We pick Paul Di Filippo's brain
MT: Scientists are now running atom by atom simulations of ribosomes. You coined the term Ribofunk, do you think the Rifopunk era is at hand?
PDF: I do indeed continue to believe, some twenty years onward, that the ribofunk era is almost upon us. New lab techniques and insights are dovetailing with two forces to usher in the era. First, the natural world continues to be a Darwinian killer--witness avian flu--and we need to use all out new tools to fight back. Second, humanity is being educated in the notion that cellular destiny is mutable. We no longer accept such eternal verities as aging as a necessary part of our future, and seek to improve on the not-so-intelligent design we've inherited.
MT: Do you think the internet is reviving the market for short science fiction?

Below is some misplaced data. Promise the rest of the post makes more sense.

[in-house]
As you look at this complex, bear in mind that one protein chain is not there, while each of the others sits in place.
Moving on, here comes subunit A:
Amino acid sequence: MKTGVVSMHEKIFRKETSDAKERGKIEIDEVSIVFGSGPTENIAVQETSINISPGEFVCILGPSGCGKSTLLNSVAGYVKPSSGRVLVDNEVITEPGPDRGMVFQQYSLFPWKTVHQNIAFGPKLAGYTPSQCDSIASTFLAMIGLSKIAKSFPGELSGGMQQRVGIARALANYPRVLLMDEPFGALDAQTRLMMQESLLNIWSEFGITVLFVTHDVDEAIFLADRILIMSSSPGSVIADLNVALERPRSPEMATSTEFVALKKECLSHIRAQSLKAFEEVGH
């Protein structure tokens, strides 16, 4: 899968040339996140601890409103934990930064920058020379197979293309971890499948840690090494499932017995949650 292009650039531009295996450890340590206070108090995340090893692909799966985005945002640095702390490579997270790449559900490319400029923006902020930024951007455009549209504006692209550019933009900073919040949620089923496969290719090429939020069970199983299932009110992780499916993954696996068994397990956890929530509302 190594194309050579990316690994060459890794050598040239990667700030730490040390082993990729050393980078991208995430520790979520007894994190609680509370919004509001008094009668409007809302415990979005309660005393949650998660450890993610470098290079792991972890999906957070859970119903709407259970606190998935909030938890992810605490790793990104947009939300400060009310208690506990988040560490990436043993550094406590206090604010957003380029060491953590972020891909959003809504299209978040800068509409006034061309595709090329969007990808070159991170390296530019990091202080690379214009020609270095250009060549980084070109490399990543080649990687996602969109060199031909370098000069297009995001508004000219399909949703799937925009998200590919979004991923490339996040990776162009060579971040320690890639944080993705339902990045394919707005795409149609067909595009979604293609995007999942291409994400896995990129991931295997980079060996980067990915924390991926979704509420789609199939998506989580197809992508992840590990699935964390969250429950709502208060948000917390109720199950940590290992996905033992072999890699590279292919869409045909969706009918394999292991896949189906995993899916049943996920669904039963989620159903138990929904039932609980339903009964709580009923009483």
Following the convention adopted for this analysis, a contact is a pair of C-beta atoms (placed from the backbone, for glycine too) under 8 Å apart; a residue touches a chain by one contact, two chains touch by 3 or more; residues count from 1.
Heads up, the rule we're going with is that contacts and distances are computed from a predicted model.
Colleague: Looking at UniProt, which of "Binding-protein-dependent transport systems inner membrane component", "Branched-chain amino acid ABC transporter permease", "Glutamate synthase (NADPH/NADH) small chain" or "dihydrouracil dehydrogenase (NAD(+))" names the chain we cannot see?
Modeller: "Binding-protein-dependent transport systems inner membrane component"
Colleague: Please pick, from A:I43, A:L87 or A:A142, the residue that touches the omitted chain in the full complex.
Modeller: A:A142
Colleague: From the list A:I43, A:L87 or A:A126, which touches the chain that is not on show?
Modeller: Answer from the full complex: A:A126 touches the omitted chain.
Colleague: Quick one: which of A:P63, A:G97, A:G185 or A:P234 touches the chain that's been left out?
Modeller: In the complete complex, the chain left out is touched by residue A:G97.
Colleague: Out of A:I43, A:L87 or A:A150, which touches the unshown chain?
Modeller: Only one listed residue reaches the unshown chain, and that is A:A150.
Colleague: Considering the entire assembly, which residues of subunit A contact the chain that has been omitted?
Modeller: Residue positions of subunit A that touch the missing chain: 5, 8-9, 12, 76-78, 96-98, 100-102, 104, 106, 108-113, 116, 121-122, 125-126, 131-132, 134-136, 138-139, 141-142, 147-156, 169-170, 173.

PDF: I actually think desktop publishing--even if it's not so cutting edge anymore--is keeping the short story alive. There are at least a dozen hardcopy smallpress zines that are publishing good work, while I suspect there are only probably three or four or five top-notch online sites. But these virtual markets are certainly important and ground-breaking, and sidestep crucial distribution problems.
MT: What are you working on now?
PDF: I've started a new novel titled UP AROUND THE BEND, which is a surreal apocalyptic pastorale, if such a hybrid term makes any sense.
MT: What's the strangest thing you believe to be true?
PDF: Dogs love us, despite our appalling behavior.